(I started my Vinyl Love posts pretty much right after the launch of this blog to share photos of my growing vinyl collection. Over time, the photos have improved and the explanations have grown. And looking back at a handful of the original posts in this series, I found myself wanting to re-do some of them so that the posts are more worthy of those great albums. So that’s what I’ll be doing every once in a while, including today…)

Artist: Spirit Of The West
Album Title: Go figure
Year released: 1991
Details: Original German pressing, signed, numbered, includes a signed certificate from the band, band photo from their final show (also signed)

The skinny: Spirit of the West is one of my all-time favourite bands and one that has a special place in my heart, given that my wife and I got together at one of their concerts. 1991’s “Go figure” was my first introduction to the Canadian folk rock group and the CD copy I had of it followed me from high school into university and beyond. After carving out a celtic folk rock niche in the 1980s, John Mann, Geoffrey Kelly, Hugh McMillan, and Linda McRae ventured into alt-rock territory with “Go figure”, enlisting drummer Vince Ditrich to fill out their sound. I had been dying to track down any of their albums for my shelves ever since I began collecting vinyl again, so snapping up a copy of this album from the band’s website when they put it up for sale back in December 2017 was a no-brainer. It’s an original pressing that they found a few copies of left over from long past tours. The band all signed the cover, included with it a ‘certificate of authenticity’, as well as a signed photo taken at the band’s last ever concert in 2016. This is a treasure indeed.

Standout track: “D for Democracy”

Categories
Tunes

100 best covers: #58 Sarah McLachlan “Blackbird”

<< #59    |    #57 >>

Way back at number 90 on this list, I wrote about Rufus Wainwright’s cover of “Across the universe” for the soundtrack of the Sean Penn film, “I am Sam”. Now, more than thirty songs later on this 100 best covers list, we have another Canadian artist covering another Beatles track off the very same soundtrack.

The music for “I am Sam” was supposed to reflect the title character’s love for Beatles music, a sort of crutch for an intellectually disabled man fighting for custody of a daughter, named, get this, Lucy. The original Beatles songs were chosen while filming was taking place so when the filmmakers were refused the rights to those originals, covers were commissioned that had to retain the same track length and time signatures.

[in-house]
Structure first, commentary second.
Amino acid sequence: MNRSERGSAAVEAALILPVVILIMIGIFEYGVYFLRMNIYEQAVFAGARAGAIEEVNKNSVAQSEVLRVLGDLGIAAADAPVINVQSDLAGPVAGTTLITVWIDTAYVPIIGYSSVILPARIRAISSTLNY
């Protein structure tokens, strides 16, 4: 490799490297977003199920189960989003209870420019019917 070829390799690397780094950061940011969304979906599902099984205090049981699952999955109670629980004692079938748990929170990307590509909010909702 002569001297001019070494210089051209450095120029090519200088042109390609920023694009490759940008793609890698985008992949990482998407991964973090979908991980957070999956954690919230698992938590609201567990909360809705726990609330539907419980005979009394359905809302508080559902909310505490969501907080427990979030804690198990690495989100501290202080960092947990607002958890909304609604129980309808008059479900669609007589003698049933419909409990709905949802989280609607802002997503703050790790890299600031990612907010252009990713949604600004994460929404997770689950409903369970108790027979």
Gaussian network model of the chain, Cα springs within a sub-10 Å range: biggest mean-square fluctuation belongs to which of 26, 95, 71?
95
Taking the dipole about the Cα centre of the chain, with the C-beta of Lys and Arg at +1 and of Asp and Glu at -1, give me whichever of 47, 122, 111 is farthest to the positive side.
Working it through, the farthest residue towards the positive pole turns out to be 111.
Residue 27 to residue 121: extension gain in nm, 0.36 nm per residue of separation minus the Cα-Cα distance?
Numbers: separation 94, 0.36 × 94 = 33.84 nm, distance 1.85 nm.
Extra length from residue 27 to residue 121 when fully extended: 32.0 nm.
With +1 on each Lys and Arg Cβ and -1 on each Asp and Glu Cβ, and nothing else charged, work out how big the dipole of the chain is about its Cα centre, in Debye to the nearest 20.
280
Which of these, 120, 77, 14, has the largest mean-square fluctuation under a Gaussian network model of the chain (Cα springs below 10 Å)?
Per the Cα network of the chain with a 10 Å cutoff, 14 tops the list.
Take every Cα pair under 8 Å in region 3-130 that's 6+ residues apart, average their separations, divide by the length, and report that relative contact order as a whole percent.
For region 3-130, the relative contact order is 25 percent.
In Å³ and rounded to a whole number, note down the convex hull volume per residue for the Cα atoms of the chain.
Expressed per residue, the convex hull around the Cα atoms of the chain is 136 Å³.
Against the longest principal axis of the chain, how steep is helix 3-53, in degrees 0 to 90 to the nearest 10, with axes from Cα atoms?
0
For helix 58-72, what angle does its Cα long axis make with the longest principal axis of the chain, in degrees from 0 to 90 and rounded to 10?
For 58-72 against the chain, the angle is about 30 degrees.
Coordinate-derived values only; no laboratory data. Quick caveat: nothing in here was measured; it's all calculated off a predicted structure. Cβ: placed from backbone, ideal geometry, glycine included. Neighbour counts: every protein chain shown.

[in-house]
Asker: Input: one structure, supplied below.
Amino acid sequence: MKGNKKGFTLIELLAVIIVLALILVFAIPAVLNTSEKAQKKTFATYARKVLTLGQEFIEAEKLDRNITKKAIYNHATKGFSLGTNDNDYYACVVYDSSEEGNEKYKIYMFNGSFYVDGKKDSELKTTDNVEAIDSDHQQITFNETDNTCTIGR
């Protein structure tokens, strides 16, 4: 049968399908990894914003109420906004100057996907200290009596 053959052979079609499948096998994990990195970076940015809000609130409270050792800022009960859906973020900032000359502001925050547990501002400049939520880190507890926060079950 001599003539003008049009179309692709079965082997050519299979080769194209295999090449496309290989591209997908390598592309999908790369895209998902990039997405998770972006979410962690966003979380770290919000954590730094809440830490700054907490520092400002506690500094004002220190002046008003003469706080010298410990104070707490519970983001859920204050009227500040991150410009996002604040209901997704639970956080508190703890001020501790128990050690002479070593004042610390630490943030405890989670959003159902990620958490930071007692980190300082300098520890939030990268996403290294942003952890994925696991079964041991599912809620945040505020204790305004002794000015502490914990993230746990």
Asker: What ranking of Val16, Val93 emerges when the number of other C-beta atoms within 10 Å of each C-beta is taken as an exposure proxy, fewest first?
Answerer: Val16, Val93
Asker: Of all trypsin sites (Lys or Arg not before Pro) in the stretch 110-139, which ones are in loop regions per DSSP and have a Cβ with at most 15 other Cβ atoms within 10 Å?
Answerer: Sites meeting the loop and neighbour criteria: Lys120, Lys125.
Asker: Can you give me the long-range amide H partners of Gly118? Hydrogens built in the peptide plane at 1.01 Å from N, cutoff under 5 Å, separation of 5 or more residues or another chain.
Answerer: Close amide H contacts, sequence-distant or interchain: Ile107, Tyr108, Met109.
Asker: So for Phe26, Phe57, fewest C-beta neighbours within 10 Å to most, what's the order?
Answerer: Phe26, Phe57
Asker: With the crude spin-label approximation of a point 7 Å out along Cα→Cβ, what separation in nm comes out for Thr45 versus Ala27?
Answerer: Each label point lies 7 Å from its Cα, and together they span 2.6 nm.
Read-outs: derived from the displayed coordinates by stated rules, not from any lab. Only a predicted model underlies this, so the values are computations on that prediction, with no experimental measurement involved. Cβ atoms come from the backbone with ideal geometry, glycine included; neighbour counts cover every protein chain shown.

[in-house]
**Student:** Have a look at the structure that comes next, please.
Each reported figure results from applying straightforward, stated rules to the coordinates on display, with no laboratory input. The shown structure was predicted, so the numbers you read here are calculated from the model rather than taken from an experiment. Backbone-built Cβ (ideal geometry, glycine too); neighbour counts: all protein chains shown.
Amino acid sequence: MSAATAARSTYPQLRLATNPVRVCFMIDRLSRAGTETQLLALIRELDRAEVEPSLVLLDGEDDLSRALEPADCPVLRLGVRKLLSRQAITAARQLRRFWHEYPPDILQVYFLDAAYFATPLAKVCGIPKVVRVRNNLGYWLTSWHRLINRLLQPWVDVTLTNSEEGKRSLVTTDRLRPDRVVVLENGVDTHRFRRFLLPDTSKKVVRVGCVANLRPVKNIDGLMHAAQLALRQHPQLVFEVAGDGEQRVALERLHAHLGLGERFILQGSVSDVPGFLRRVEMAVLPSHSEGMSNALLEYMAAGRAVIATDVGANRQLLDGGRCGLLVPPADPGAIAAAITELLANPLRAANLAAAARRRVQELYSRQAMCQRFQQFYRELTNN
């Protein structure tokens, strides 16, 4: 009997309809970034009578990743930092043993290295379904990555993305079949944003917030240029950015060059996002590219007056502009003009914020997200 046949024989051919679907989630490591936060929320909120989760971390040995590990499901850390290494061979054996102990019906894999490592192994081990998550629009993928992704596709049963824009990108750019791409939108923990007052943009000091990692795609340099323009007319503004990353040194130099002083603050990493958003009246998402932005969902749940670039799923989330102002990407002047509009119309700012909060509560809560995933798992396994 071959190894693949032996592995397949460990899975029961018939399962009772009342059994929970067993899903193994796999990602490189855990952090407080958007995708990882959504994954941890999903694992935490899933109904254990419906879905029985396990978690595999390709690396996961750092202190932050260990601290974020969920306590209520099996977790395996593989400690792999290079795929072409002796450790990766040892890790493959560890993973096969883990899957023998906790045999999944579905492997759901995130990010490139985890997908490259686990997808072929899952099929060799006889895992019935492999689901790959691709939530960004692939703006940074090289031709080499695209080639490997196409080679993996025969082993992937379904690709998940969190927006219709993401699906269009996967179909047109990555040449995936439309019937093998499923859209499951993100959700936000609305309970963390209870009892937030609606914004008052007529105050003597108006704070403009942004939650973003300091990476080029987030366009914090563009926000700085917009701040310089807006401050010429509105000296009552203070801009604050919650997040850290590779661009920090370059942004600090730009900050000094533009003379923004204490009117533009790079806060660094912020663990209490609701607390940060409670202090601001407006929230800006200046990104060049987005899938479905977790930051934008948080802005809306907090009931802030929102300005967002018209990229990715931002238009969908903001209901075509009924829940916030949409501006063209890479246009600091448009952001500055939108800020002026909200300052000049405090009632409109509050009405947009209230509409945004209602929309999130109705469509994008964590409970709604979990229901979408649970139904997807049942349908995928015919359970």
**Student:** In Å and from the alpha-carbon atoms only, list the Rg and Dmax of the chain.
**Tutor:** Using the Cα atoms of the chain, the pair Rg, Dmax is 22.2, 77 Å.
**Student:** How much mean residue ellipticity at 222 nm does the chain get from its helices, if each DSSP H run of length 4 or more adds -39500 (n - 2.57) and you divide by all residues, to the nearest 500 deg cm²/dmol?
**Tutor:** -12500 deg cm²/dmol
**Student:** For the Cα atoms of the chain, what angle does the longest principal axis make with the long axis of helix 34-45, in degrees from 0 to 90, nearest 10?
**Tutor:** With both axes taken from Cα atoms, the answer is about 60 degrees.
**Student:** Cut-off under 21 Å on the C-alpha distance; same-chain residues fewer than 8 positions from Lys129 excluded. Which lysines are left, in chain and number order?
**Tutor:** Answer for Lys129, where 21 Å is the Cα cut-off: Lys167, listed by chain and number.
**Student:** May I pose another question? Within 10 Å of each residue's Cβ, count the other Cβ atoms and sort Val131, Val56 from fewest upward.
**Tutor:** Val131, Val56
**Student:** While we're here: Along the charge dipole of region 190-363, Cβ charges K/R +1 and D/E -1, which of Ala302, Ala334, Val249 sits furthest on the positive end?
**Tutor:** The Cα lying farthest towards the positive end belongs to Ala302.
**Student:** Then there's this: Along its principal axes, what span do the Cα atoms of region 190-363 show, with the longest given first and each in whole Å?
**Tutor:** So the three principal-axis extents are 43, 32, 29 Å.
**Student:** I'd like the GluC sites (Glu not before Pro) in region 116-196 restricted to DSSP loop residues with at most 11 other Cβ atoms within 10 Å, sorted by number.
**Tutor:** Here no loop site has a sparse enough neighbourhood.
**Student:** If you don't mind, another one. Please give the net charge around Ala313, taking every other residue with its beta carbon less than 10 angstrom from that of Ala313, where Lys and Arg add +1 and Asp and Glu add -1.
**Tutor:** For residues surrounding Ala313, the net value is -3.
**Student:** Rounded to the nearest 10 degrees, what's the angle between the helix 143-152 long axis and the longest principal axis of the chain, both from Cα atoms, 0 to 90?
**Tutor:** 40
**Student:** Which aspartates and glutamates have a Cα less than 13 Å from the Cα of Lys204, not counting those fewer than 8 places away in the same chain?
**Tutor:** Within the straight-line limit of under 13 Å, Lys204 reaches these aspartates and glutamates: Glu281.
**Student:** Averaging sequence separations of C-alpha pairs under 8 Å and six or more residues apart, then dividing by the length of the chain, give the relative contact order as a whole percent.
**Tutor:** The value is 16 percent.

The Paul McCartney penned “Blackbird”, a gentle acoustic piece about US racial tensions off The white album, was assigned to Canadian singer/writer, Sarah McLachlan. It was recorded right in the middle of a six year break between her very successful 1997 record “Surfacing” and the 2003 ‘comeback’ album, “Afterglow”. I honestly don’t know how well McLachlan does outside of Canada but here at home, she is pretty legendary. And why not? That voice of hers is golden. She made a career out being a solo, folk-influenced female artist in a time when male-dominated grunge was king. She started the Lilith fair touring festival in 1996, a card that prominently featured female solo artists or female-led bands and was so successful that two more annual editions followed. I’ve never been a huge fan of her myself, but you can’t argue with her talent and her success.

Much like the stripped down original, Sarah McLahlan’s cover is built upon beautiful finger plucking on the acoustic and yeah, that wonderful voice of hers. It is quite simply a lovely rendition. Do I like it better than the original? No. However, I do find it a shade better than the one done by Doves (who you all know that I love) for the Roswell soundtrack. So yeah, I think that’s saying something.

Cover:

The original:

For the rest of the 100 best covers list, click here.